When Maria Shriver and Arnold Schwarzenegger announced they were splitting up last week, their reasoning went beyond the standard “we’ve-grown-apart” line. Instead, they put some of the blame on their careers.
“This has been a time of great personal and professional transition for each of us,” the couple wrote in a statement to the Los Angeles Times. “After a great deal of thought, reflection, discussion and prayer, we came to this decision together.”
Indeed, both members of this power couple are in serious career transition. Schwarzenegger recently left his big gig as governor of California and is reportedly looking to return to his movie star fame. Shriver has been become increasingly focused on her advocacy work, including Alzheimer’s research and women’s empowerment.
Dealing with a career change
While we’ll never know exactly why they separated — and Schwarzenegger’s widely reported history of groping other women may have played a role — this type of career change can do a number on almost any relationship, according to divorce attorneys and career-management and relationships experts.
“Major life transitions, especially career transitions, are stressful, and that stress often bleeds into the marriage,” said Bradford Wilcox, director of the National Marriage Project at the University of Virginia.
It’s often an issue of loss of control.
“The challenge is that high need for achievement professionals often run from transition because they can’t always control the outcome,” said Thomas DeLong, professor of management at Harvard Business School and author of forthcoming book “Flying Without a Net: Turn Fear of Change into Fuel for Success.”
“Thus, when forced to change they often act out and overreact because the fear of change frightens them so much,” DeLong added.
He offers an example of an executive he interviewed for his book. The exec was going through a career change and “his kids knew to head for their rooms when he arrived home because he was so overly sensitive and almost despondent,” he said. “When the individual feels out of control they just don’t sink a little bit, but fall off a cliff of self-criticism and judgment.”
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Financial issues, ego and equity all can come into play.
“For couples who are losing jobs, or going on to new jobs, especially if they’re less prestigious or remunerative, it can be a real source of strain on a marriage,” Wilcox continued.
“The second thing is the blow to the ego; this is particularly true for men who have established lifetime and marriage, making major contributions to the family,” he added.
And then there’s the issue of one spouse feeling they sacrificed for the other.
“Often women feel they’ve made more sacrifices,” he said.
Family law attorney Lynne Gold-Bikin said the number-one professional change that impacts the couples she sees is income, followed by a change in schedule. Maybe one partner is working nights and the other partner is working during the day. Suddenly their schedules shift and they’re together more often.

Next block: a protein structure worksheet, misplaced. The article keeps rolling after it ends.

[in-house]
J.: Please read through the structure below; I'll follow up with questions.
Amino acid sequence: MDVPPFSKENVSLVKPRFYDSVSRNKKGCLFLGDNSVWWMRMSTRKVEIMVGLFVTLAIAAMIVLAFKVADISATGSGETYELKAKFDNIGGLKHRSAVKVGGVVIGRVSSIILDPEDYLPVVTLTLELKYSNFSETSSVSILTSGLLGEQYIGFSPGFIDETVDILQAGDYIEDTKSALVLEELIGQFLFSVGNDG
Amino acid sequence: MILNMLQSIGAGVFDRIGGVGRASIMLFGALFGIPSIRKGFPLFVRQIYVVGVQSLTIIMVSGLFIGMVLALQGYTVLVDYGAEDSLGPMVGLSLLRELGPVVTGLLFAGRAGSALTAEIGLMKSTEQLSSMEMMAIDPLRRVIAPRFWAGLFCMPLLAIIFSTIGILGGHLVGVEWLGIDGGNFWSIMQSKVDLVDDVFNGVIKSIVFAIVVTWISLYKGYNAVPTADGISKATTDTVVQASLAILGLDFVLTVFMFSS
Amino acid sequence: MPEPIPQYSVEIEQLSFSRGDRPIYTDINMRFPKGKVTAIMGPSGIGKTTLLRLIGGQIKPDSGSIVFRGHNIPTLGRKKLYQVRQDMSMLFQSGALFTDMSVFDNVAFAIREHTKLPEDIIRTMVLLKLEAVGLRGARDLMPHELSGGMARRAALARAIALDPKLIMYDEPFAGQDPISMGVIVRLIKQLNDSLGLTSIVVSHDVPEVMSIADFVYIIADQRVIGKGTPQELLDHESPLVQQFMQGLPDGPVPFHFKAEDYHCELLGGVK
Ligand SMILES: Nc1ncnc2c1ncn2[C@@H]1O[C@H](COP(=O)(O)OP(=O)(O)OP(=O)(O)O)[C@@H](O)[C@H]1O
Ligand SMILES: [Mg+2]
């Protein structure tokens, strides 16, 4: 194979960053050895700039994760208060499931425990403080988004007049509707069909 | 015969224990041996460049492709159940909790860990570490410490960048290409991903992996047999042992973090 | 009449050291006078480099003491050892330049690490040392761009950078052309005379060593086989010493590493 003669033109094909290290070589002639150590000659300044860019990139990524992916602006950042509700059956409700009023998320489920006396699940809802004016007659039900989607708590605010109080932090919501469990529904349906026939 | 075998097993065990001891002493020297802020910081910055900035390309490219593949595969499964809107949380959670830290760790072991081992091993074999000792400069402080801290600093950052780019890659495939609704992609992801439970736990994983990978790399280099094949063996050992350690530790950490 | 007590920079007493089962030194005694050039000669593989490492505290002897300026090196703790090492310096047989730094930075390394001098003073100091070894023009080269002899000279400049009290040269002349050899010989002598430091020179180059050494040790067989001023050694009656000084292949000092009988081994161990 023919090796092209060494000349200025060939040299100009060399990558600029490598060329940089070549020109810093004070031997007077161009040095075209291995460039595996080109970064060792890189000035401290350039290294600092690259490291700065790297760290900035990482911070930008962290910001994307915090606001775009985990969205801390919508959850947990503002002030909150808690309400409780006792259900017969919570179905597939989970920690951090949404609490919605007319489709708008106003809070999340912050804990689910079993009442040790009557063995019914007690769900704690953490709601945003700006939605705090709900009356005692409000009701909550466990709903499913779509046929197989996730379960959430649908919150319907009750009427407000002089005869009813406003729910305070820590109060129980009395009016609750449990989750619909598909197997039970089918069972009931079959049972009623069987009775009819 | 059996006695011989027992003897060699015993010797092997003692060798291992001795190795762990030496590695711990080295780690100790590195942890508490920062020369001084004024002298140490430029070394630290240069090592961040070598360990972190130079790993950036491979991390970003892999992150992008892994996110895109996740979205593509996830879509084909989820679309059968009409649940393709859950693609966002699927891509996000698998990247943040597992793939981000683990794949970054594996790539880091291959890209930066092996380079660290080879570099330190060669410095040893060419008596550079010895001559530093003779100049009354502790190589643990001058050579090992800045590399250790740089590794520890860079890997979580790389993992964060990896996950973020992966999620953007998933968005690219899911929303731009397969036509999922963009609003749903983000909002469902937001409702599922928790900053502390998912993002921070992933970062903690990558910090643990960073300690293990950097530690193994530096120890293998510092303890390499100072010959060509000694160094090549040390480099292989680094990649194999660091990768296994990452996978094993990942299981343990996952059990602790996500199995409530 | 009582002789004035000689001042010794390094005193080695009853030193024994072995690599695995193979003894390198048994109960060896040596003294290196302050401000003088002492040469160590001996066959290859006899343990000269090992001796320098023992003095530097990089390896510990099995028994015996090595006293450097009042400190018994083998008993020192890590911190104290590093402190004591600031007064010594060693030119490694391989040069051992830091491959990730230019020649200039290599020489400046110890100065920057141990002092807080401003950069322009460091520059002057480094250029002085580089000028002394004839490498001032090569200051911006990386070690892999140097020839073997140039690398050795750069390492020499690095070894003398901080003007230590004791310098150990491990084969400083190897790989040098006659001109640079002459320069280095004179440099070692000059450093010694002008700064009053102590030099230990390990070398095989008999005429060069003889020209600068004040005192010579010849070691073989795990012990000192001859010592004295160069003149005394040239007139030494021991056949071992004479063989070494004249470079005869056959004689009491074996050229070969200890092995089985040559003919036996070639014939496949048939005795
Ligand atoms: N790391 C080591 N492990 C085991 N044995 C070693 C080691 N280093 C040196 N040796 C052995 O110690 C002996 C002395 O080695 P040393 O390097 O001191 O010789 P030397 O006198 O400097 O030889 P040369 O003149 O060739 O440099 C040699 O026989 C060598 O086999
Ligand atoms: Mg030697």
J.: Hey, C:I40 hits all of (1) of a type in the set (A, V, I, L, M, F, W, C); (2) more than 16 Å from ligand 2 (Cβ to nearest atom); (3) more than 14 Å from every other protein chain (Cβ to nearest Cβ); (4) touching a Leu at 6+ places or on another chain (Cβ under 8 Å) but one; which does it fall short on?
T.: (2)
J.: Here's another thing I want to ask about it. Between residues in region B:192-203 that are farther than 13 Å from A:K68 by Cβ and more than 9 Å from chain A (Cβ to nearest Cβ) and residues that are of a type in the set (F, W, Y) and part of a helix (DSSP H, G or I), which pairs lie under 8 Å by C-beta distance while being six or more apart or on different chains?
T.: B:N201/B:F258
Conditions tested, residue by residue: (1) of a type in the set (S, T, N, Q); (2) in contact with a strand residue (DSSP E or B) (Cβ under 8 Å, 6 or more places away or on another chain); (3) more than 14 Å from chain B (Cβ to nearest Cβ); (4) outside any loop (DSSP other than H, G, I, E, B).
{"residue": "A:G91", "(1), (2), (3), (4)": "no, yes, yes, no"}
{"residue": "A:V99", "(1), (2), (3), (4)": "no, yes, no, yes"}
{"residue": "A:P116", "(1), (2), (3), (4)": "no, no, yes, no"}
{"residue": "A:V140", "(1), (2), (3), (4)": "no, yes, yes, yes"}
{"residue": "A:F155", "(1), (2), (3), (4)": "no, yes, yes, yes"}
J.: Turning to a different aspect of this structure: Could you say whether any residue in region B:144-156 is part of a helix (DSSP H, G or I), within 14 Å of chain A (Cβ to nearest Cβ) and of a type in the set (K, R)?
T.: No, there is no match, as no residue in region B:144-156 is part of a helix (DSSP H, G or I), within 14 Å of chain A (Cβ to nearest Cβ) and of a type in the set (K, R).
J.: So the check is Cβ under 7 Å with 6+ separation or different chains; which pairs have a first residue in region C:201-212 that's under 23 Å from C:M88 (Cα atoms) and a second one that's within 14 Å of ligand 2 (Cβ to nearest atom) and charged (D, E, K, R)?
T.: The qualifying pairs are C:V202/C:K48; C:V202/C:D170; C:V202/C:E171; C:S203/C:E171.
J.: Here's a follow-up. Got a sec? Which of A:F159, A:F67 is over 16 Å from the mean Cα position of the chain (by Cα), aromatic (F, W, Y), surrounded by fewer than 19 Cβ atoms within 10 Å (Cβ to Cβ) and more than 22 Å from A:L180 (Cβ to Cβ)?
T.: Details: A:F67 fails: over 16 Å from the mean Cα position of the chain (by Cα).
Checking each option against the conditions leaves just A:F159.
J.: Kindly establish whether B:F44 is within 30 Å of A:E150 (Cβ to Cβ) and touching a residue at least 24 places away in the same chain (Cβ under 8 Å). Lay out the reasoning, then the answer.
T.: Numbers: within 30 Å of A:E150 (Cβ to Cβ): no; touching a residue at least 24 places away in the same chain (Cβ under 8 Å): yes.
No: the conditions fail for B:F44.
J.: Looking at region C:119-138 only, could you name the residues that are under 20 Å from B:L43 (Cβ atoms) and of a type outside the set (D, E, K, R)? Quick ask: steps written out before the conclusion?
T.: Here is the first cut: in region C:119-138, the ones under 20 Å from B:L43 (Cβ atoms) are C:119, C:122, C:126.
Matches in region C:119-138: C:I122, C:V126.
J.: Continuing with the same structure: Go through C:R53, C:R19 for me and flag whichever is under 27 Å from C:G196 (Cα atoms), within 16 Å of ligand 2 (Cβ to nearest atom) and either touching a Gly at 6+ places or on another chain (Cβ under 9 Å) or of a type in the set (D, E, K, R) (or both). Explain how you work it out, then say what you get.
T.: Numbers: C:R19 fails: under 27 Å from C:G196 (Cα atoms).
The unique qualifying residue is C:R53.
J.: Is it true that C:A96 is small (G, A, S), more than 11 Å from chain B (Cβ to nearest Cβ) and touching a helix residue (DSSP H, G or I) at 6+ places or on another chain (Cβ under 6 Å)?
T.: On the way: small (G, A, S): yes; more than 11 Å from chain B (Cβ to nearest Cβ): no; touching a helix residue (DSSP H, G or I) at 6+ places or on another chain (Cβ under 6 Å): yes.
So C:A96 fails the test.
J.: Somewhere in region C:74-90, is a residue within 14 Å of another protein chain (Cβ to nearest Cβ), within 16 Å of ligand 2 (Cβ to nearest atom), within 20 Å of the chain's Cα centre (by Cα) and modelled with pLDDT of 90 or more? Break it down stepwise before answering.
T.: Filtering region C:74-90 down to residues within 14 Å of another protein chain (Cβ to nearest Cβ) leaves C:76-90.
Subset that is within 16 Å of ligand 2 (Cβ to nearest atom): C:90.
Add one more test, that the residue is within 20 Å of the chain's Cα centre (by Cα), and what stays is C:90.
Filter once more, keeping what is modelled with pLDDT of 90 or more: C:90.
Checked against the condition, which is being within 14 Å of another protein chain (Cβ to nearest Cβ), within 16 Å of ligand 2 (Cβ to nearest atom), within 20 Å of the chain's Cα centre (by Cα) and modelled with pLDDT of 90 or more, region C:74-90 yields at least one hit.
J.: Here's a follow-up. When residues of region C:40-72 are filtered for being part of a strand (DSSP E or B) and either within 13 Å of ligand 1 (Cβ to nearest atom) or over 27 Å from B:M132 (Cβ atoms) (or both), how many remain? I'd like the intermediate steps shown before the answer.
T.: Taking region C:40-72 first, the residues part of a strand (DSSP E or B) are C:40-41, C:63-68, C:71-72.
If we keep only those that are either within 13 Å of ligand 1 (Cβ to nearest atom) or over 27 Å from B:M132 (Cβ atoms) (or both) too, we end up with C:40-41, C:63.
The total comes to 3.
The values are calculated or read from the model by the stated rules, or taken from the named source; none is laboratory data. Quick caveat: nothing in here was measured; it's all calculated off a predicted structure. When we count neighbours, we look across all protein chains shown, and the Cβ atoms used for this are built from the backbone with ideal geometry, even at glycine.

“They were ships that passed in the night and suddenly they’re together,” she said, adding that they discover they don’t really like each other that much.
This scenario happens a lot when one spouse retires, she said.
“We kid around and say, ‘For better or worse, but not for lunch,’” she quipped.
So how do these shifts manifest themselves in relationship problems? Karol Ward, a licensed psychotherapist and author of “Worried Sick: Break Free from Chronic Worry to Achieve Mental & Physical Health” offered a list of the reasons career changes can lead to divorce:
- One or both cannot handle the original and defined roles of the relationship that are now changing
- One person may not be able to handle the other becoming more successful and leaves
- Sometimes one half of the couple cannot handle the other person struggling and becomes resentful.
- Sometimes one person cannot handle the uncertainty that career transitions involve. They may want security and answers when there may not be any.
- One person in the relationship may turn to destructive behavior, become depressed or anxious, and if this goes on for a period of time, untreated, it creates strain on the relationship — sometimes enough for the other person to leave.
Joyce Morley, a psychotherapist and executive coach, worked with a president of a Tennessee company who was in his late 40s and deciding whether to sell his business. The stress from that decision wreaked havoc on his marriage.
“He was becoming a meanie,” she said, “because he didn’t know how to handle what was going on. He thought he’d lose his sense of status and was wondering what people were going to feel about him, whether his wife would care for him the same, or treat him differently.”
Morley helped him to realize he was taking his fears out on his wife, and he recognized how much he wanted to save the marriage.
“He was able to hold it together,” Morley said.
Sometimes it’s not about stress or fear; it's about wanting something new.
“Career change gives a lot of couples the opportunity to make relationship changes,” Morley said. “Once a career is over it’s an opportunity to go in a different direction with your personal life. That obligation doesn’t have to be there anymore.”
Morley said this is particularly true for individuals in the spotlight — such as politicians, or high-powered executives — who are expected to have spouses by their sides.
And for average people, she continued, the end of a career (or the beginning of a new one) can also be thought of as a time to reassess relationships.
“Women usually say they’re trying to find themselves, and for men it’s usually about wanting something new, or to explore,” Morley said. “Maria may be saying, ‘Now it’s time for me to find my way,’ and maybe Arnold is thinking about what he’s going to do now.”